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They shot a man in Rio Blanco, just to watch him die

19 October 2009

Any wonder why so many communities around Latin America really don’t want foreign mining companies around?


In a case that will highlight growing tensions between powerful mining interests in Peru and alliances of poor subsistence farmers and environmentalists, the high court in London is to hear harrowing accounts of people held for three days at the remote mine near the border with Ecuador.

When the protesters marched to the mine they found armed police waiting for them. They say the police were being directed by the mine’s managers – although its owner, Monterrico Metals, disputes this. After firing teargas at the protesters, the police detained 28 people and bound their hands behind their backs.

The detainees say noxious substances were sprayed in their faces before they were hooded, beaten with sticks and whipped. Two of the protesters were women who say they were sexually assaulted and threatened with rape.

A further three protesters were shot and wounded by police, and while there is no suggestion the mining company was responsible for this, the protesters claim one of those shot was left to bleed to death at the mine site. A postmortem examination found that he took about 36 hours to die.

Although Monterrico says it had no control over the police operation, lawyers for the protesters have taken statements from eyewitnesses alleging that the mine’s manager was directing the police…

On Friday Richard Meeran, a solicitor with Leigh Day, the London law firm bringing the high court case, obtained a freezing injunction which obliges the company to keep at least £5m of its assets in the UK.

(full article by Ian Cobain in The Guardian, U.K.)



GUATEMALA CITY — Tens of thousands of indigenous people took to the streets across Latin America to protest the anniversary of Christopher Columbus’s 1492 discovery of the Americas.

Columbus Day is celebrated as the Day of Hispanic Heritage in Latin America, but protesters marked the holiday on Monday as a reminder of the atrocities Spanish conquistadors wrought on indigenous people throughout the region.

In Guatemala City, 19-year-old demonstrator Imer Boror was killed and two were wounded as Maya Indians blocked entry points into the capital to protest their government’s mining policies.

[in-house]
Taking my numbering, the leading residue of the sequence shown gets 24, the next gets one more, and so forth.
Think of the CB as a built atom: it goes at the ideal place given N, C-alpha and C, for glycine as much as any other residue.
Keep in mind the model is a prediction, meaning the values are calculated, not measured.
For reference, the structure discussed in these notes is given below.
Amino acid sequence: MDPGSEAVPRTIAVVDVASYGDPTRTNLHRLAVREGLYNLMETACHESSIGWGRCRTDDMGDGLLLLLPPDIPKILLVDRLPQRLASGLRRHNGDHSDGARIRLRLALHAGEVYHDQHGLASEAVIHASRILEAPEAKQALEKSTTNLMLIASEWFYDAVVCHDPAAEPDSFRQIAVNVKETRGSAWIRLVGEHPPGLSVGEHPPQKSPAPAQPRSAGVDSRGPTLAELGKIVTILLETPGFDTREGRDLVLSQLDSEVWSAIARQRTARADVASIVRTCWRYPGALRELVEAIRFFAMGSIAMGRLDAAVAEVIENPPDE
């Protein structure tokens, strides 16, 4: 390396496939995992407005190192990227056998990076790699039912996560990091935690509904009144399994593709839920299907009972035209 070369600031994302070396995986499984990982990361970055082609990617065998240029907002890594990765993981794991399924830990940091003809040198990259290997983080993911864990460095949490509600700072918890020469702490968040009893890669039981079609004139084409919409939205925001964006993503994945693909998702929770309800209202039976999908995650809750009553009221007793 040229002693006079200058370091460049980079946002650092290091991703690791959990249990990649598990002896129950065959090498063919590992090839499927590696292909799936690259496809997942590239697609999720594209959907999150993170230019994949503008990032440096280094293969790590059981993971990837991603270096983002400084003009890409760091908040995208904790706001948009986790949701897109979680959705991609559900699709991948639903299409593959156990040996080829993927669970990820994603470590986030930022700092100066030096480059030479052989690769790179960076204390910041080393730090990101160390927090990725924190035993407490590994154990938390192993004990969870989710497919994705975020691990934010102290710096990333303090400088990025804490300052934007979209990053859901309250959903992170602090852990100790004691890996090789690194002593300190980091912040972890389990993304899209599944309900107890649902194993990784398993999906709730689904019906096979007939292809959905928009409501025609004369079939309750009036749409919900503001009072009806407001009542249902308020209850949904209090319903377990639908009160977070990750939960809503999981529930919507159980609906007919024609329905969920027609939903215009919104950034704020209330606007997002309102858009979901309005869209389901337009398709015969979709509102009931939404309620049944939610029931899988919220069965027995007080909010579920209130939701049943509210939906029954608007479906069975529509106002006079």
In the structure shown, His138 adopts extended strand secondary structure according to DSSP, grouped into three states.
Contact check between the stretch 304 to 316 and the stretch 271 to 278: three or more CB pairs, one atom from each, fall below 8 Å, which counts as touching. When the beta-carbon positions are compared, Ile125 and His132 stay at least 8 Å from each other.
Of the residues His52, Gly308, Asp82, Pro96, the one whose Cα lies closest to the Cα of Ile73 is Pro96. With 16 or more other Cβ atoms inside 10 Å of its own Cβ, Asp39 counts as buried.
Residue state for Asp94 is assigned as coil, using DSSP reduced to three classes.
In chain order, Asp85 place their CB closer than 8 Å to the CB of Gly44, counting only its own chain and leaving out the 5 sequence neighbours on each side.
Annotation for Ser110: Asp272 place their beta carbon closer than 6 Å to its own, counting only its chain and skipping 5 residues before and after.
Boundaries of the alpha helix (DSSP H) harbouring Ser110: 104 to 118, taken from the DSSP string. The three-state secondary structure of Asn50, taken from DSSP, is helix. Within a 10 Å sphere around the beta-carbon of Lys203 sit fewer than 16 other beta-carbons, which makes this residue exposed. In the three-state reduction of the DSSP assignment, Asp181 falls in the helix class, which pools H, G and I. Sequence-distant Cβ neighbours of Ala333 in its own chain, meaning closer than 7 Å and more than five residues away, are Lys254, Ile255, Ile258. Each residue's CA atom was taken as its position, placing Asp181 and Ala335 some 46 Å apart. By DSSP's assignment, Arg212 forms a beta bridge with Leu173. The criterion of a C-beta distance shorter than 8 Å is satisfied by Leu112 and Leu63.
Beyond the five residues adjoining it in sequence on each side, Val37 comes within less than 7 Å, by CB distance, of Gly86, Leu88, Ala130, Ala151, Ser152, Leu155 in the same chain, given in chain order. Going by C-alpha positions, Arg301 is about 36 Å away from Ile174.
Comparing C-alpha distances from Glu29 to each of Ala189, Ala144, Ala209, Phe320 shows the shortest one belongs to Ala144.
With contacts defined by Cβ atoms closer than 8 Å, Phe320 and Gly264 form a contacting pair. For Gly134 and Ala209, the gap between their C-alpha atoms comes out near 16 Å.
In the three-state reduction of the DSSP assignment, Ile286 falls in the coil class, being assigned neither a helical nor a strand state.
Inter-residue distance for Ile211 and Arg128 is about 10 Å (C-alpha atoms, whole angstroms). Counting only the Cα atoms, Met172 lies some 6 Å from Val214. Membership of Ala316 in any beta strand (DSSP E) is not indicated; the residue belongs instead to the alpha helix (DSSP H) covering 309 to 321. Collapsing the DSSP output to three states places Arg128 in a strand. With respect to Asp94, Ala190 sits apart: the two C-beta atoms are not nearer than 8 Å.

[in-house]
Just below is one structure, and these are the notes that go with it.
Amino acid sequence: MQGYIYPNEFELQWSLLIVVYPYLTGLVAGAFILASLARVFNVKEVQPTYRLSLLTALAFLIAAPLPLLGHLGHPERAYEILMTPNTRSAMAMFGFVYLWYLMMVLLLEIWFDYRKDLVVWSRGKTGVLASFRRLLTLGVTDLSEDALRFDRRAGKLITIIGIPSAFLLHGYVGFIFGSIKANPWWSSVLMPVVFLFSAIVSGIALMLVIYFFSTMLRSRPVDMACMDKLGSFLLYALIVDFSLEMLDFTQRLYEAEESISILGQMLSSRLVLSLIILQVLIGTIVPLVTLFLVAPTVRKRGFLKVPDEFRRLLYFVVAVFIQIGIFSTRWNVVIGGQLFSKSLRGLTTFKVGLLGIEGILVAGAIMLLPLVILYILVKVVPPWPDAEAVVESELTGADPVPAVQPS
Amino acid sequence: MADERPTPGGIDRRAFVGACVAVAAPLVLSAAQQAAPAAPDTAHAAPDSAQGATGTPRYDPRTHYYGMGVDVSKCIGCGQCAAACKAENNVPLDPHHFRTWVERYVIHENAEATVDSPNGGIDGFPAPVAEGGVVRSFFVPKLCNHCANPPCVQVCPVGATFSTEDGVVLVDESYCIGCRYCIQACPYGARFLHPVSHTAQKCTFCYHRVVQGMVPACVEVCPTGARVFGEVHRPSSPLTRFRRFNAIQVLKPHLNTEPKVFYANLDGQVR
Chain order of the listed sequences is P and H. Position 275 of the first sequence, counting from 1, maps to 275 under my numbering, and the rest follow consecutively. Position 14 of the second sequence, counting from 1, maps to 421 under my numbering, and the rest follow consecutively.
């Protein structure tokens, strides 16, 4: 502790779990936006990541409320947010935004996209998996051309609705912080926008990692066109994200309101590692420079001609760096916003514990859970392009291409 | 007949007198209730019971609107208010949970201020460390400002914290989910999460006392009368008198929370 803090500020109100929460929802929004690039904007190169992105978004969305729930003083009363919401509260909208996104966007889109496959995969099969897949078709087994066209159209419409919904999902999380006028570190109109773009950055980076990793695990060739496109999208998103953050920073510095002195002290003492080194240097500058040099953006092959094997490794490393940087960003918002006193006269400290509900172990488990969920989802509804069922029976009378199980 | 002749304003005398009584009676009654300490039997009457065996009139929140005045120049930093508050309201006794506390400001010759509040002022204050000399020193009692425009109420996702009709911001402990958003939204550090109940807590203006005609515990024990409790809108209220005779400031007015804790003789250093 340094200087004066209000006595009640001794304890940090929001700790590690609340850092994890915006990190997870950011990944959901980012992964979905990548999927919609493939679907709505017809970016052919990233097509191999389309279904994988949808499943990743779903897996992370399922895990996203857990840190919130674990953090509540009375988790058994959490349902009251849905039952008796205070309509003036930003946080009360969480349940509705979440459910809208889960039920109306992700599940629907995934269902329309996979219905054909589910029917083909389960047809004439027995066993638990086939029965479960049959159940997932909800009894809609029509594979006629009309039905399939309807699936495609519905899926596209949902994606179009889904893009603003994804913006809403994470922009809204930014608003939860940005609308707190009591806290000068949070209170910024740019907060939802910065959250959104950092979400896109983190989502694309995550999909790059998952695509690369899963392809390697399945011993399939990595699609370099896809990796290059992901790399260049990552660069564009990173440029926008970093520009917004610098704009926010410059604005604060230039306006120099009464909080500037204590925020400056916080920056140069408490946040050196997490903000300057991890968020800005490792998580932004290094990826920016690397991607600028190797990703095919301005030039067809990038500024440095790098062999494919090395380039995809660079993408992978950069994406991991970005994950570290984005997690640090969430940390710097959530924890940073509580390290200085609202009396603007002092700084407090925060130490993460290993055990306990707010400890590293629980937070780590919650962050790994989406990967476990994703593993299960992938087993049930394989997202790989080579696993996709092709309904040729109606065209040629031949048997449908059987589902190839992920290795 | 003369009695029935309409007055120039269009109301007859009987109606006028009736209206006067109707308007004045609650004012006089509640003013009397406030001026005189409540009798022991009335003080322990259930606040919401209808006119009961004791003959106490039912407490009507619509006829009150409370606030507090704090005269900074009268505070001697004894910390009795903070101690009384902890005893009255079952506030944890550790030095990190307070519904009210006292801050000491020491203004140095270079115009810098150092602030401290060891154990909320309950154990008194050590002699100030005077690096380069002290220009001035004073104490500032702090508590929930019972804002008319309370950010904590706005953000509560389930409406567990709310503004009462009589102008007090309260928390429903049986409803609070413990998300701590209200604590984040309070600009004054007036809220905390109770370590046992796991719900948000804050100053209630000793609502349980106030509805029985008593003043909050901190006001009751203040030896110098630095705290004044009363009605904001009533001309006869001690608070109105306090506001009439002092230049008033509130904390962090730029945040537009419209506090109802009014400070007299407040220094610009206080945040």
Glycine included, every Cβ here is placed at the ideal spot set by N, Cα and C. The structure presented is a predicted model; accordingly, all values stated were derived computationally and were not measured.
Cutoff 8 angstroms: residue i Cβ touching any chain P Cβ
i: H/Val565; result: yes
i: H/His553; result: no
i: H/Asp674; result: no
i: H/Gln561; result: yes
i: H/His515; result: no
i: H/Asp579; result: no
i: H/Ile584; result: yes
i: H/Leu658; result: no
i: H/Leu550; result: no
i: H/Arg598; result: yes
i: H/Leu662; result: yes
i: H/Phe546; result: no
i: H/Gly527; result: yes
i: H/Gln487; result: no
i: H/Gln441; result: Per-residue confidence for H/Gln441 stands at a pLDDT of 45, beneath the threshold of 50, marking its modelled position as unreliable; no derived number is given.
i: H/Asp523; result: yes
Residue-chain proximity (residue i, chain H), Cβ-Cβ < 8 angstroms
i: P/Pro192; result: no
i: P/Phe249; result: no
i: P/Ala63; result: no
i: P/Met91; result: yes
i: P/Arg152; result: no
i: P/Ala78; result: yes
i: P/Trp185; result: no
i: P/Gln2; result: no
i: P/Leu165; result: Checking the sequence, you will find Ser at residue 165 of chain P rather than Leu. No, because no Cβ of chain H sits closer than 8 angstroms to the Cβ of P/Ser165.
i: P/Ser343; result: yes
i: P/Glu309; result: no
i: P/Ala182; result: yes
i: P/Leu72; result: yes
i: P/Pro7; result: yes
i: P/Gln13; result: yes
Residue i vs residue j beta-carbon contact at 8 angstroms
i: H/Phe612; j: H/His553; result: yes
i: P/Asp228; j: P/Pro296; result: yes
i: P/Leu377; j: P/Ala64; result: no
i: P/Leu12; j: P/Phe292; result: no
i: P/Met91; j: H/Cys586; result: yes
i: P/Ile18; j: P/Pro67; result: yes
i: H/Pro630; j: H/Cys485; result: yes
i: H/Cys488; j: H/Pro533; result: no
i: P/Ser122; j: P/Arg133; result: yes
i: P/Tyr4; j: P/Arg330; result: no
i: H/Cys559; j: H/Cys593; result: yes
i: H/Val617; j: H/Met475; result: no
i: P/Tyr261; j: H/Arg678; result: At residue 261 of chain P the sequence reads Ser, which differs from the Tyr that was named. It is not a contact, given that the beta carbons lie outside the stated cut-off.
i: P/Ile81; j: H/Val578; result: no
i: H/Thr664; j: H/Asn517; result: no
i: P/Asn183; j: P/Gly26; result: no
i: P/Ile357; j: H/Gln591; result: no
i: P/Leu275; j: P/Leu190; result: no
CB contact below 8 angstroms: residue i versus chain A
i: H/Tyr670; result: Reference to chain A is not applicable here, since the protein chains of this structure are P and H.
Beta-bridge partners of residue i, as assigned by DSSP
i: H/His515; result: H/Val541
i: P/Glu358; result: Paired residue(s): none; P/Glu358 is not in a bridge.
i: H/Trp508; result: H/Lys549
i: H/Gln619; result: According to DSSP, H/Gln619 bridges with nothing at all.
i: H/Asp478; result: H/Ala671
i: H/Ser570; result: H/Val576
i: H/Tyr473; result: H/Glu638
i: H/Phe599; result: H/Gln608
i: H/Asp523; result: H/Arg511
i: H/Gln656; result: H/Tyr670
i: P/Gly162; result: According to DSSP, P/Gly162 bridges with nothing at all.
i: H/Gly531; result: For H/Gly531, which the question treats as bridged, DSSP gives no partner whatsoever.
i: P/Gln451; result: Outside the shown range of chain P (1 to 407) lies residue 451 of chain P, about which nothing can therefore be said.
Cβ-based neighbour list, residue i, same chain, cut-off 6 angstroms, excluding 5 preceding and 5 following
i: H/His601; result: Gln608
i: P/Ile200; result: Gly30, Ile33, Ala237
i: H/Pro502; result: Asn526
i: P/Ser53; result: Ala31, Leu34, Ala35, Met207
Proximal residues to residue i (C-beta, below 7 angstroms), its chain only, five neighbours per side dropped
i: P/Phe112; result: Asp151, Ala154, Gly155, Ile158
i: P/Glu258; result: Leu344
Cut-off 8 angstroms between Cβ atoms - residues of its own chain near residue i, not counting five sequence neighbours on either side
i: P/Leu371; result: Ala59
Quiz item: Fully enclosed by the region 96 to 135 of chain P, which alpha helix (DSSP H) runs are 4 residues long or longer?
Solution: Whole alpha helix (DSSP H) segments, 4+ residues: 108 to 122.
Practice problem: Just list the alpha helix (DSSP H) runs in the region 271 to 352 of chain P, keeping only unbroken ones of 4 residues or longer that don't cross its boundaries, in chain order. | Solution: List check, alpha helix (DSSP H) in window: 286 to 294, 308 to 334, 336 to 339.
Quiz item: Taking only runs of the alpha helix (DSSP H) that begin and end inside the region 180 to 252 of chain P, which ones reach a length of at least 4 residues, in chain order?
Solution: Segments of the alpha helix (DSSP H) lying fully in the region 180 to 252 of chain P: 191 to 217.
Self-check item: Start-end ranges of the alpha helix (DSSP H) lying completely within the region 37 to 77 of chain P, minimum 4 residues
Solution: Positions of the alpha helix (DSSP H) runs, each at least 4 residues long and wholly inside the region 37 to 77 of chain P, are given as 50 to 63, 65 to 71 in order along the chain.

Protesters were marching on what they called the Day of Dignity and Resistance of the Indian People, protest leader Juana Mulul told AFP, saying the movement “is purely in defense of Mother Earth and our territory.”

Aparicio Perez of the Farmers Union Committee (CUC) said representatives would ask the government to annul mining, hydroelectric and cement concessions because “multinational companies are taking over natural resources, which have long been the source of life for rural families.”


(The Dominion, via

CHICOMUSELO, MEXICO—On August 17, 2009, masked men carrying high caliber rifles forced anti-mining activist Mariano Abarca, 52, into an unmarked car as he was leaving the primary school in his hometown of Chicomuselo, Chiapas.

Held without contact to his family, it was feared he had been kidnapped. But although the detention had all the hallmarks of a kidnapping, it turned out to be a state sanctioned arrest.

For the next eight days Abarca, a father of four, was held on charges that included “criminal association and organized criminal activity.” The detention was based on accusations made by Mexican employees of Calgary-based mining company Blackfire Exploration Ltd, and supported by vice-president Brad Willis’ statement to police.

Blackfire has been operating a barite mine in the town of Grecia, in the municipality of Chicomuselo, for approximately two years. In Mexico, Blackfire operates through its subsidiary Blackfire Exploration Mexico S de RL de CV.

(entire article by Dominique Jarry-Shore here)

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